Now…the good stuff, making “ferments” is oh-so-fun!  There are many fun recipes to follow to create tasty ferments, each producing a different taste profile.  Figuring out what combinations of foods taste good and how long to let it ferment is what makes it a bit of an art.  The fermentation steps are listed below and may be modified slightly depending on the recipe you follow.  Generally, fermentation is as follows:


  1. Sanitize glass mason jars or canning jars by filling with boiling water, let sit while you prep the food, then empty.
  2. Harvest or purchase organic vegetables, spices, herbs, etc. that you want to use
  3. Use an apple cider vinegar “bath” to remove any pesticide, herbicide, dirt, residue, etc.… that may be on the surface. Produce that has an outer layer, for example: an onion, you do not need to use an ACV bath…just peel outer layer off and discard
  4. Use a food processor to get all produce into the consistency that you desire.
  5. (OPTIONAL) A Kitchenaide mixer comes in extremely handy for mixing all ingredients thoroughly to create an even mixture. OR you can choose to food process and start the canning process in layers as well.
  6. While adding the even mixture to the canning jar, periodically mash all ingredients to the bottom to remove any air pockets that may have formed and allow more room for mixture. You’ll be surprised how much you can fit!
  7. IMPORTANT!! Leave at least TWO inches free of any ferment mixture at the top of the canning jar.
  8. Pour ⅛ -¼ cup of the salt water brine around the top of the ferments and cover with a single cabbage leaf.
  9. Place the “unpopped” (if you are recycling lids make sure they are completely flat and untampered with) lid on your jar and fasten tightly with the metal band.
  10. Label the date of fermentation on the top of your lid.
  11. Store in a cool dry place.
  12. SIDENOTE: You may hear a “popping” sound a few days after they have been canned.  That is the sound of lactic acid forming!  Aka: it’s working!  If you notice a lid did not pop, that’s okay!  Wait until you’re ready to consume the ferments and double check there is no putrefactive bacteria present before eating it!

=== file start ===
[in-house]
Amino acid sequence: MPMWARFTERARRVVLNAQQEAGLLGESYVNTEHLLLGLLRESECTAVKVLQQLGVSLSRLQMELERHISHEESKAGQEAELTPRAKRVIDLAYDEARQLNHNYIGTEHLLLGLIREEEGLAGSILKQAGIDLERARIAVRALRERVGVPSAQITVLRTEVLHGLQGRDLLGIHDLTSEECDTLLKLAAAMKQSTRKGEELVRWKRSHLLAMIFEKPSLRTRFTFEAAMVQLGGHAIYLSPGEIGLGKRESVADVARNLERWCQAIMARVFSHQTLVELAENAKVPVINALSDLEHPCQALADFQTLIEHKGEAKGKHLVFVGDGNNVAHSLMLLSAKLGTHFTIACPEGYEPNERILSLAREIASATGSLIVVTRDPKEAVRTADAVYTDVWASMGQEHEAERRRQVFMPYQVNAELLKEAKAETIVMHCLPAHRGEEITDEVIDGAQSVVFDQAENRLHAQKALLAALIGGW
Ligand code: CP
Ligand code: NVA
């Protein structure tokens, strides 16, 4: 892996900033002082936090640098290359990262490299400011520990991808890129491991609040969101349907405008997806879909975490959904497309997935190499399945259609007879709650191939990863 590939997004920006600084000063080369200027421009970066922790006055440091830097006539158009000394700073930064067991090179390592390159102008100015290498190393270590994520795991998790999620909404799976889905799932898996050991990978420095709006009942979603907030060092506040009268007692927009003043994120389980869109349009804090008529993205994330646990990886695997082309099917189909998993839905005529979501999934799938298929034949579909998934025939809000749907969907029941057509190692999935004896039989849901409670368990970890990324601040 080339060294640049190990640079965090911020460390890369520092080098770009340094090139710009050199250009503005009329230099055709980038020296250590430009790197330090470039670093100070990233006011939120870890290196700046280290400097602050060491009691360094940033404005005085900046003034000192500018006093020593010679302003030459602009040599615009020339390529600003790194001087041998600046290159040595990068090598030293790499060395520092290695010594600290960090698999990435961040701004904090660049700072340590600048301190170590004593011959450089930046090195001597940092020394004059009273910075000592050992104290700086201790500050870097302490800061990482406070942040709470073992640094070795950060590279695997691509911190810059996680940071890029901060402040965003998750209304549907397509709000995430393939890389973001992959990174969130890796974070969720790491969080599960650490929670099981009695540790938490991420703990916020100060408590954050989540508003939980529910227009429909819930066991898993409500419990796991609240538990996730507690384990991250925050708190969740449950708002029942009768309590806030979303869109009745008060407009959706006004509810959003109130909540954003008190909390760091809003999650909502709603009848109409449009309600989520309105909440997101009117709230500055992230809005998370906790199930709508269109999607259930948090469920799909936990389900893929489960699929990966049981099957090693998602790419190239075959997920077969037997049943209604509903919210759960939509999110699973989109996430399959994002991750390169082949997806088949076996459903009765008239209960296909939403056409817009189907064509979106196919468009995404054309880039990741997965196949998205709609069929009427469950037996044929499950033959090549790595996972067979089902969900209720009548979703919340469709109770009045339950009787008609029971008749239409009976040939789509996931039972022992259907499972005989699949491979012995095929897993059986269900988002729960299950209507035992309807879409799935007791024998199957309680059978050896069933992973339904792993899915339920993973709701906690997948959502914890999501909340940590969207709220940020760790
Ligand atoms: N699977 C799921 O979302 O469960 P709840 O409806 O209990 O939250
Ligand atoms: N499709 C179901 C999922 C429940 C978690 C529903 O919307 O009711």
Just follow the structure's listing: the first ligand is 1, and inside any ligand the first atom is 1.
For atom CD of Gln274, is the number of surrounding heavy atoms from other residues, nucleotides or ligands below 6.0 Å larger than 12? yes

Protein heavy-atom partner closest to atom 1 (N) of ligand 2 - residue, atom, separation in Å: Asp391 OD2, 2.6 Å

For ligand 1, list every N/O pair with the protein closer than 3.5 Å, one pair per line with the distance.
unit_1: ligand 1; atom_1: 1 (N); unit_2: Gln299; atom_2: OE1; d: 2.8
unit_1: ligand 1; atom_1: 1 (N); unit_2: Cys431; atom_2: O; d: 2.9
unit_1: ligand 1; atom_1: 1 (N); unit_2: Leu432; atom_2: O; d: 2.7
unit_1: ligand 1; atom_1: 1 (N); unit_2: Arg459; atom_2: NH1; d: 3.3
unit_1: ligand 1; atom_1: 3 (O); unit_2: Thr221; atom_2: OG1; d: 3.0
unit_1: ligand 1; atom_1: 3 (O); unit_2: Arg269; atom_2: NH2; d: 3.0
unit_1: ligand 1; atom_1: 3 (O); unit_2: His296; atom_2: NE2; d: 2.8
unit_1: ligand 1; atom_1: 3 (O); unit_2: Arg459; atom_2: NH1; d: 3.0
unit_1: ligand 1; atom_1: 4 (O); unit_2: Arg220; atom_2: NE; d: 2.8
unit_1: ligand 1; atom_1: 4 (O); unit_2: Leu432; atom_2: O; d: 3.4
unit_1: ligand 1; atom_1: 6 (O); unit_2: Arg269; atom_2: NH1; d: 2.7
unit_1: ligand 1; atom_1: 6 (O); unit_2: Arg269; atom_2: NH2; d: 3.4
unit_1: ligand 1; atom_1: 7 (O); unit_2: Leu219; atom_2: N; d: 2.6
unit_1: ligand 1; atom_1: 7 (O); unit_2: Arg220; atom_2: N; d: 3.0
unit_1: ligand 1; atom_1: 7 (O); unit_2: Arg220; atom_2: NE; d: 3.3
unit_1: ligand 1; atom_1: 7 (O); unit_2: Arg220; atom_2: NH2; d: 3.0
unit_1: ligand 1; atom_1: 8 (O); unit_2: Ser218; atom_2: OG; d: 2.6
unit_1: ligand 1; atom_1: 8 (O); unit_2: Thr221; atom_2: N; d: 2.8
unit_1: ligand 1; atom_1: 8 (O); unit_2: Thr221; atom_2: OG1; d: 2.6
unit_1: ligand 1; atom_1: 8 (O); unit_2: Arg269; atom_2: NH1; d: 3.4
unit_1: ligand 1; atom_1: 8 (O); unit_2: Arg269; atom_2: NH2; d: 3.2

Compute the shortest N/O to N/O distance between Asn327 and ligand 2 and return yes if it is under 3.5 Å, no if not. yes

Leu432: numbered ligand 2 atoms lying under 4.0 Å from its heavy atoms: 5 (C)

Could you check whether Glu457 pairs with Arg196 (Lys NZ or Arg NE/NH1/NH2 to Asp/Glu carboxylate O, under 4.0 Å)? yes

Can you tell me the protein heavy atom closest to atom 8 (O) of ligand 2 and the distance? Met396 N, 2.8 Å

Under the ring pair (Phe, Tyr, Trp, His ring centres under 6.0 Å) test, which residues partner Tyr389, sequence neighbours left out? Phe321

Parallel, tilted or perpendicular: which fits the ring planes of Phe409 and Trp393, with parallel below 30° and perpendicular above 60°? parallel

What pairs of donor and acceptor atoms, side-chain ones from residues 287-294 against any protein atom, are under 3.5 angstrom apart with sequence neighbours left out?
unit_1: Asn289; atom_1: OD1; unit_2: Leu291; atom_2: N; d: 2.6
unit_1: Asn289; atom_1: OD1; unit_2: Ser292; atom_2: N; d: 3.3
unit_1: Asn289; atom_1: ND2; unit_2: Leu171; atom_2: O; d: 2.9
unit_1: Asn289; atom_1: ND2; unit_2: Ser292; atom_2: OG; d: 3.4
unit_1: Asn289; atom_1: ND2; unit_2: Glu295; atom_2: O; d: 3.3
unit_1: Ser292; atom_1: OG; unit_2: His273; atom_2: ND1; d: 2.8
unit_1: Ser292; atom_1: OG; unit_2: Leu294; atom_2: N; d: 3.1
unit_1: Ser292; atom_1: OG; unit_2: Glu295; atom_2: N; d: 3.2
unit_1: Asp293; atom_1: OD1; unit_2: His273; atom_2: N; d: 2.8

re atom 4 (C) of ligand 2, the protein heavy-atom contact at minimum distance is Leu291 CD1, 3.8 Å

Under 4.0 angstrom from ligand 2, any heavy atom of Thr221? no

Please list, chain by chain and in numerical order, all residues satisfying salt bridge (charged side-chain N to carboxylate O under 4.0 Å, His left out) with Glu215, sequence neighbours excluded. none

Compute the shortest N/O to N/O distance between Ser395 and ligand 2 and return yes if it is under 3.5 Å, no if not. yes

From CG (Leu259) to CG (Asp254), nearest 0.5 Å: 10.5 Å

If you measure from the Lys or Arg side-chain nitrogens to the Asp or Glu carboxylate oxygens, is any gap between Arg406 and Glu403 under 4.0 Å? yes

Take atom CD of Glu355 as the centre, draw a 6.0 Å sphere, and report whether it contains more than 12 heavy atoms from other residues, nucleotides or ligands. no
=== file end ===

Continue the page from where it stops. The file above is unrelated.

13. Keep the ferments refrigerated once they have been opened!
  14. Bon appetite!


Check out some of our very own ferment recipes: Fancy Ferments Sassy Salsa and Fancy Ferments Skinny Sauerkraut !!




Bada, C. R. (2012, June 2). The Living Light: Can biophotonic light emitted from trained probiotic microbes help balance the body? Retrieved June 01, 2016, from

“Fermentation.” Merriam-Webster, n.d. Web. 21 June 2016.

Johnson, L. E. (2016). Overview of Minerals. Retrieved June 21, 2016, from

Kruse, J. (2012, August 5). BRAIN GUT 7: INTRO TO YOUR GUT MICROBIOME – Living an Optimized Life. Retrieved June 21, 2016, from

Kruse, J. (2016, July 4). Dr. Jack Kruse. Retrieved July 11, 2016, from

Mercola. (2009, August 15). Your Body Literally Glows With Light. Retrieved June 21, 2016, from

Mercola. (2012, May 12). An Interview with Dr. Natasha Campbell-McBride. Retrieved June 21, 2016, from

NIH. (2016, March 10). Minerals: MedlinePlus. Retrieved June 21, 2016, from

Ringel, Y., Quigley, E. M., & Lin, H. C. (2012, July). Using Probiotics in Gastrointestinal Disorders. Retrieved June 21, 2016, from

Williams, D. (2015, September 3). Lifestyle Habits That Damage Gut Bacteria. Retrieved June 21, 2016, from


Comments (2)

  • Awesome article post.Thanks Again. Much obliged. dedcabgkcade

  • […] in December in my snow boots….”, I got you!  I will briefly discuss fermentation here, but see Fermentation Blogpost if you really want to understand the benefits of fermenting and a step-by-step process how to.  For […]